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The C++ casts static_cast, const_cast, reinterpret_cast have a template-like syntax, e.g.

long foo = 3; 
int bar = static_cast<int>(foo);

I've looked in the Standard, and it says that casts are expressions, not template functions as I thought.

This left me wondering: under the hood, are these casts just templates with privileged status, or are they keywords that happen to borrow the template syntax?

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"under the hood, are these casts just templates with privileged status, or are they keywords that happen to borrow the template syntax?" The latter. –  ildjarn Jul 17 '12 at 19:37
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What does it matter? Either find a way to distinguish the two ways and test for yourself or don't touch compiler internals - they should and are opaque to you. –  Dani Jul 17 '12 at 19:38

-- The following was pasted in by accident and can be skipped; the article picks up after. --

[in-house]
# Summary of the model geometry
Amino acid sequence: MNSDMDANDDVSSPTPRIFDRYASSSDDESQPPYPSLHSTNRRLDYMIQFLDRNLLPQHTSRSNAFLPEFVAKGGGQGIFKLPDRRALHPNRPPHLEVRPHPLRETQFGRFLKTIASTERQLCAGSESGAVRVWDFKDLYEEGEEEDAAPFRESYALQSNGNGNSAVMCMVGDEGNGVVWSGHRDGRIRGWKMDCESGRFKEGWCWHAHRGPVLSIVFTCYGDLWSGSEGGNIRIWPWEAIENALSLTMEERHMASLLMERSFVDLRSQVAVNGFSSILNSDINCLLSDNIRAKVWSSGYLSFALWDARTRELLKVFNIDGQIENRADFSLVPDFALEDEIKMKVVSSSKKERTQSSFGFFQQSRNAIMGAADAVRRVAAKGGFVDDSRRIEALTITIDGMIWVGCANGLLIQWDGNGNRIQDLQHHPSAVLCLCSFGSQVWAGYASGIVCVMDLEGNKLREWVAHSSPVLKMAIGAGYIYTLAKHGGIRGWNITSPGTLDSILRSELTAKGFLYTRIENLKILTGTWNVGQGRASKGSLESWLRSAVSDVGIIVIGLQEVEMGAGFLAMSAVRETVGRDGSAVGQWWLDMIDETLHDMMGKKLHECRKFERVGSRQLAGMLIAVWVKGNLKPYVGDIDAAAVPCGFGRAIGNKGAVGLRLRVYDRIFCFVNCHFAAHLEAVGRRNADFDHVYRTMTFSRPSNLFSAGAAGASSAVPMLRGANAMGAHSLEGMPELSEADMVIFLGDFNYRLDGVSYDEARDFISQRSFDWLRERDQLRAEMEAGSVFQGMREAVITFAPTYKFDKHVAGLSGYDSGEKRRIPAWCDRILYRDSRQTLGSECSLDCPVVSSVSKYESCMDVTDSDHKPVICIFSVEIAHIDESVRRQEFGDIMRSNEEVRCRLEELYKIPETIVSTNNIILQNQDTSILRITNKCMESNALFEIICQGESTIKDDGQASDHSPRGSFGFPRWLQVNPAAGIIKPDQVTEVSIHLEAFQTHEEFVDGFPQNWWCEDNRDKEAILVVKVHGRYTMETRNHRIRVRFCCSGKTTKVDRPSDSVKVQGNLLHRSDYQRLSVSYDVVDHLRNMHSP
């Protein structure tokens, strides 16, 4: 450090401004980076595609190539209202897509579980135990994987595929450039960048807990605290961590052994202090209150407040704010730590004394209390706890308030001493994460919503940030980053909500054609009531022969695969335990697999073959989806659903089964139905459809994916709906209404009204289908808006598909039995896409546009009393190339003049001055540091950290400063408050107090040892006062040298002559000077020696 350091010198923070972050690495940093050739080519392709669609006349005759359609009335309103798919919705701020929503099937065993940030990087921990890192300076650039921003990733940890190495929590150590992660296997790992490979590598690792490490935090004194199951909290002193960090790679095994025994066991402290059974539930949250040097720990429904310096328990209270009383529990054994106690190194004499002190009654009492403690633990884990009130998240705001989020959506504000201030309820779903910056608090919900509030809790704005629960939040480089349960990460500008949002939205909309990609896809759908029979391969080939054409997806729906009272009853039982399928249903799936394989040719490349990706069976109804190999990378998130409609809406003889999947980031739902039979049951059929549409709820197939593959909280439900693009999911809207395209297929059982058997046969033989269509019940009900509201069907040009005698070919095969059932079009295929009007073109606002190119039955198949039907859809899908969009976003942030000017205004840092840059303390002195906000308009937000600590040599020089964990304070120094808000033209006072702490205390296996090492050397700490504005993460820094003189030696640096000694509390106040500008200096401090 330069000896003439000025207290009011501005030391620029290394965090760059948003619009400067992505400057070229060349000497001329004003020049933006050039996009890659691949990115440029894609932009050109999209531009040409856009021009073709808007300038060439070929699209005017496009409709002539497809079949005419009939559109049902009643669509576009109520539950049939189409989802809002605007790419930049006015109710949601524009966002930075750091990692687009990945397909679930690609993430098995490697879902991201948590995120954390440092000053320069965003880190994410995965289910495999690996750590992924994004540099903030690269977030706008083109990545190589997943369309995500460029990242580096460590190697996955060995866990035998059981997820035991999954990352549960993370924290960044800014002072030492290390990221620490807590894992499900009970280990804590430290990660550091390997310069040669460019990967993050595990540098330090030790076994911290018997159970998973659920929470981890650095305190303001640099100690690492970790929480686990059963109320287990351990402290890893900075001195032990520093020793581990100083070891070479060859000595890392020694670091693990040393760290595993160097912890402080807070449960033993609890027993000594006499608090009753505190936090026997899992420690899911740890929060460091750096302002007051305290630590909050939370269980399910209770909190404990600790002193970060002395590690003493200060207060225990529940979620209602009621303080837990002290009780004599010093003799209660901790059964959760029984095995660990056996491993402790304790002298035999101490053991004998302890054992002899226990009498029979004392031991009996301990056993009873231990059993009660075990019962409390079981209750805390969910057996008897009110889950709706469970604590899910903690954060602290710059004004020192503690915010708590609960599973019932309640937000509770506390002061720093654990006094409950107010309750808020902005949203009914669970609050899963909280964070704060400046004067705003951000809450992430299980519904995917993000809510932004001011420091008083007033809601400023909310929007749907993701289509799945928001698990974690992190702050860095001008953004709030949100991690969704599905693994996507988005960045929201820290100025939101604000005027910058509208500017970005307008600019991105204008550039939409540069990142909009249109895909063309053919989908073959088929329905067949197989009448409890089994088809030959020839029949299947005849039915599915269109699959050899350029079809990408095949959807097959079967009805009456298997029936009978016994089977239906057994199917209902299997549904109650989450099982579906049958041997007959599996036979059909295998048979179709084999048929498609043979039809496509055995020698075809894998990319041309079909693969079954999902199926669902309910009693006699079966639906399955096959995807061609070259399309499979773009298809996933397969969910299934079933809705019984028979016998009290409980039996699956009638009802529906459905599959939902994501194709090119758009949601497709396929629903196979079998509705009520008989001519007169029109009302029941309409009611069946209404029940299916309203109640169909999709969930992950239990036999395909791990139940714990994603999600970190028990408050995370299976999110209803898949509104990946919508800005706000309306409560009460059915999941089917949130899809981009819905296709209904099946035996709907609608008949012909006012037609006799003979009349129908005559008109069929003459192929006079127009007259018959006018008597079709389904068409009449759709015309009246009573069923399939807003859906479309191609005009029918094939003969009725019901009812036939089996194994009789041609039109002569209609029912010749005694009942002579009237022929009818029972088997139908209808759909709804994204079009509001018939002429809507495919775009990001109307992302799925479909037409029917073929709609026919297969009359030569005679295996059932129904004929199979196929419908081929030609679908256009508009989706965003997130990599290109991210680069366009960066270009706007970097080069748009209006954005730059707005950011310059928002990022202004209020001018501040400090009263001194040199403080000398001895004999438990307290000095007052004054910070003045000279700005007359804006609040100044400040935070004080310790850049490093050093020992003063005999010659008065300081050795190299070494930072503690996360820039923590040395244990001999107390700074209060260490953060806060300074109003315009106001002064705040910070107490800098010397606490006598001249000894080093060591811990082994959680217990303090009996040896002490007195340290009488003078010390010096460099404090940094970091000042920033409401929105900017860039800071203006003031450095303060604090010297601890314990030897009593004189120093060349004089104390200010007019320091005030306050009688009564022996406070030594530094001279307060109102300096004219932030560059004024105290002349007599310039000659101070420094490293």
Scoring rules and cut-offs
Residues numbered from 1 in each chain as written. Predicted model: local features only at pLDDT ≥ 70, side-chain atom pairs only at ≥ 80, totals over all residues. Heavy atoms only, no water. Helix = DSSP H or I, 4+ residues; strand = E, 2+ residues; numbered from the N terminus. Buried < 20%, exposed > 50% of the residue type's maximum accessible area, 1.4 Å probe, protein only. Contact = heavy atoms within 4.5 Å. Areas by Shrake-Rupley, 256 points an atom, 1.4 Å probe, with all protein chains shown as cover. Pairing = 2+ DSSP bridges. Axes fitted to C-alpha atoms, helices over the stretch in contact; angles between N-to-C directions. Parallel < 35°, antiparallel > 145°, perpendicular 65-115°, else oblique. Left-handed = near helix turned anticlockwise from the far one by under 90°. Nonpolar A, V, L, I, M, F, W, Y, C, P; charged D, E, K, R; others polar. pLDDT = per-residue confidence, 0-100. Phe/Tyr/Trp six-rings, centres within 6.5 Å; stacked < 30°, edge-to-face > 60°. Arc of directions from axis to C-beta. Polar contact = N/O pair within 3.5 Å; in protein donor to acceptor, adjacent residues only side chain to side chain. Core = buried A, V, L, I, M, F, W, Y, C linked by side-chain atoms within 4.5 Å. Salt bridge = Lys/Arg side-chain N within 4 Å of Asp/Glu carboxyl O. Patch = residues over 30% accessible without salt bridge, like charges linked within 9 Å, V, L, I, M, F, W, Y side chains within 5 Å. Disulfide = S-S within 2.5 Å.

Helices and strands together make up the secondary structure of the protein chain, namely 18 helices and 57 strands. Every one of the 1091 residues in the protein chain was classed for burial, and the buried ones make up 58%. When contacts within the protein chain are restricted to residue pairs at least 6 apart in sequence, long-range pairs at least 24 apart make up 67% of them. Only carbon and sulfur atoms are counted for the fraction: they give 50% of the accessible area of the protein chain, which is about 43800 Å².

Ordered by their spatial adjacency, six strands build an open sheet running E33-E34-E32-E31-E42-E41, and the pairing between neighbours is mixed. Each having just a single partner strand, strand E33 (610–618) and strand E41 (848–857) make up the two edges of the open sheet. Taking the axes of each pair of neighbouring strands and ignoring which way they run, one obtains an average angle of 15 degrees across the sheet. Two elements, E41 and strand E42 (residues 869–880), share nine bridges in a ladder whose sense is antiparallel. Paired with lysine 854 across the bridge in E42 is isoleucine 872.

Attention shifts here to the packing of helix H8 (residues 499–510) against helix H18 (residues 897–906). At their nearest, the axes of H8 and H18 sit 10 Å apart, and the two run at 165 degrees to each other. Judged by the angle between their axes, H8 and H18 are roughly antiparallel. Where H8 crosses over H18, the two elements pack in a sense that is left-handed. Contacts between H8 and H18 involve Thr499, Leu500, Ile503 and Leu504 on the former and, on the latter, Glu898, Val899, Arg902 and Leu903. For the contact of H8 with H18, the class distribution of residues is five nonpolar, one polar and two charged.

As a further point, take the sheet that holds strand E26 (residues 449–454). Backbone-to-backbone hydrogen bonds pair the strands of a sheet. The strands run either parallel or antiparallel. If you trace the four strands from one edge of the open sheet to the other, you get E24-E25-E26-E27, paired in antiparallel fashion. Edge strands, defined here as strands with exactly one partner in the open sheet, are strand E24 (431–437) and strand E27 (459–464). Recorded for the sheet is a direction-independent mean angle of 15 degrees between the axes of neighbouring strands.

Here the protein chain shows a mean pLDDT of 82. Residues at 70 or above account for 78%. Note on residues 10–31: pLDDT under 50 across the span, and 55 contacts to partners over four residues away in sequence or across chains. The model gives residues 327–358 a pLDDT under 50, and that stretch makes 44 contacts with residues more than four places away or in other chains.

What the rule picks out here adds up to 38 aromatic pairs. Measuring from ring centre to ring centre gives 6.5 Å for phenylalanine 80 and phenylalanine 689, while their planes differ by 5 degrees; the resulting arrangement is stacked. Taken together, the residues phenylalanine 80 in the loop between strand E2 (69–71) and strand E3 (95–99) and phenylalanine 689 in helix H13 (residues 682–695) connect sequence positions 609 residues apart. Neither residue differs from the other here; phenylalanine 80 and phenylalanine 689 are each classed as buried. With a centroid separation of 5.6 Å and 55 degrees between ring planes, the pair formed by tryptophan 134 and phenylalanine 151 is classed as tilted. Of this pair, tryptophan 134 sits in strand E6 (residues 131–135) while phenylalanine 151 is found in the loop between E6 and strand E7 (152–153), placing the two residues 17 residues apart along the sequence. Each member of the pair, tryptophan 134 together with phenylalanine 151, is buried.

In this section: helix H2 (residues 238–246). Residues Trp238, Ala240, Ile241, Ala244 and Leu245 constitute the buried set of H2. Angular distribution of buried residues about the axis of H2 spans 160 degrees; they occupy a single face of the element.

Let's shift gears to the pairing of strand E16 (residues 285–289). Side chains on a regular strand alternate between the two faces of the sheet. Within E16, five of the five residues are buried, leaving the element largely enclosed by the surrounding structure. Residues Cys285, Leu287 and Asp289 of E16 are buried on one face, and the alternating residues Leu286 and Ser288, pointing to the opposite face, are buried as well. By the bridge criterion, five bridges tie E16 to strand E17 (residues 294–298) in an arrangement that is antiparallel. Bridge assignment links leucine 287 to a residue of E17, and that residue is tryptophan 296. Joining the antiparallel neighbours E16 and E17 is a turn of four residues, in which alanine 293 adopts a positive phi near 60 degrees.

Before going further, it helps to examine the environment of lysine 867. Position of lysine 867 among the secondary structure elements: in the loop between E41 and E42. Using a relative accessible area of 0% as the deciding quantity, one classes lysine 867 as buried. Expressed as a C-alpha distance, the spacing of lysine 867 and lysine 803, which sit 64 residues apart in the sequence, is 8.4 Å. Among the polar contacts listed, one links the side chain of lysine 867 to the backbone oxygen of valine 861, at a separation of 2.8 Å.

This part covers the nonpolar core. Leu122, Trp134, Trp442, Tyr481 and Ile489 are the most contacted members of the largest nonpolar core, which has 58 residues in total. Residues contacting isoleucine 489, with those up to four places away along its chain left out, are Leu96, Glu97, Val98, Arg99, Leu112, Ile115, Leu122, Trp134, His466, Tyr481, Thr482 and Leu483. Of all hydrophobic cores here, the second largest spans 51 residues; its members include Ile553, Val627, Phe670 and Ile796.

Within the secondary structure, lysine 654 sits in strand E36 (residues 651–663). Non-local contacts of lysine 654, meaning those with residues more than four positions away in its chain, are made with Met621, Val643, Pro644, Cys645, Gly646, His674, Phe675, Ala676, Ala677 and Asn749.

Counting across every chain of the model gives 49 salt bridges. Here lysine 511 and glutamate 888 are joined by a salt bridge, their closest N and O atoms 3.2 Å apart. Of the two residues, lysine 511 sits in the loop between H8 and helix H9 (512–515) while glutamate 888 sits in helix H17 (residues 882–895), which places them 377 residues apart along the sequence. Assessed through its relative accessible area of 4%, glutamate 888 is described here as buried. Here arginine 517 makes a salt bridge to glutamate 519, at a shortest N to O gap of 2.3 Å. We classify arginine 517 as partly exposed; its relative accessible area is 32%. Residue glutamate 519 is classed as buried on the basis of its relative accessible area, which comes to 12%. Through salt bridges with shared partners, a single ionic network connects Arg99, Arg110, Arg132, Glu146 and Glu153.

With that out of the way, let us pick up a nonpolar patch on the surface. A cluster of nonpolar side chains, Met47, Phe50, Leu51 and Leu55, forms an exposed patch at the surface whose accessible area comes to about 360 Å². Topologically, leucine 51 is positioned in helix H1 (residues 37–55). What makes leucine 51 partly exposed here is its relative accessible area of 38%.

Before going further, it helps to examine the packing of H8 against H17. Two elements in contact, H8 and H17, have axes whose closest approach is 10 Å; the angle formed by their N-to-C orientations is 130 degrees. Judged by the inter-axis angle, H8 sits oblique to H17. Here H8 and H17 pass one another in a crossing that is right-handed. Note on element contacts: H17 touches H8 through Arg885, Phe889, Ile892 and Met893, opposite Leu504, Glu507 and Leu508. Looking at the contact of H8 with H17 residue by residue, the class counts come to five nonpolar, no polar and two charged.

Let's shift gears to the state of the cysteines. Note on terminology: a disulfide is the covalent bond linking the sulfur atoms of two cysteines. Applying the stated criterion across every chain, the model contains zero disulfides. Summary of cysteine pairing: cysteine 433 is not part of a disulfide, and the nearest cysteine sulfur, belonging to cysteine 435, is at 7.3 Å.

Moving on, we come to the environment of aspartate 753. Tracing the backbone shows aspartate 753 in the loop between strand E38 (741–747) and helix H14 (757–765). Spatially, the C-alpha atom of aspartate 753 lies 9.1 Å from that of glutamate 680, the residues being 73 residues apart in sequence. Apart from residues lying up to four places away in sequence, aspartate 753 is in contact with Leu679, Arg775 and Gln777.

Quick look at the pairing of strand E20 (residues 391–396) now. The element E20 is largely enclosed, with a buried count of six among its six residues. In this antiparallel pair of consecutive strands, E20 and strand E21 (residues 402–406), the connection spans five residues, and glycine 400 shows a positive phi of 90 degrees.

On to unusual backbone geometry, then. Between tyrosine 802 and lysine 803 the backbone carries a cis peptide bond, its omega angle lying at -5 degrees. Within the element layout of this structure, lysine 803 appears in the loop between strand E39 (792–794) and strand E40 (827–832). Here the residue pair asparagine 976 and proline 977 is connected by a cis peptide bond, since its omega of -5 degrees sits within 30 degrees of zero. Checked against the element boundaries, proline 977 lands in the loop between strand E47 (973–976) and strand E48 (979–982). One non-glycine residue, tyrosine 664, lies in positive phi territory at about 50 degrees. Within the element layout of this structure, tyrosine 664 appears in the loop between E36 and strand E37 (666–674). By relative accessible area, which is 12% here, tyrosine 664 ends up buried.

1 Answer 1

up vote 14 down vote accepted

are they keywords that happen to borrow the template syntax?

This. Casts are implemented differently depending on the context they are used in – in general, they cannot be implemented as functions. For instance, static_cast is sometimes only a compile-time operation, no code is emitted for it. But other times (in particular when invoking constructors, casting in a type hierarchy or converting between layout-incompatible primitive types) it requires a runtime operation.

That said, you can implement your own functions that resemble the standard cast syntax (boost::lexical_cast does that).

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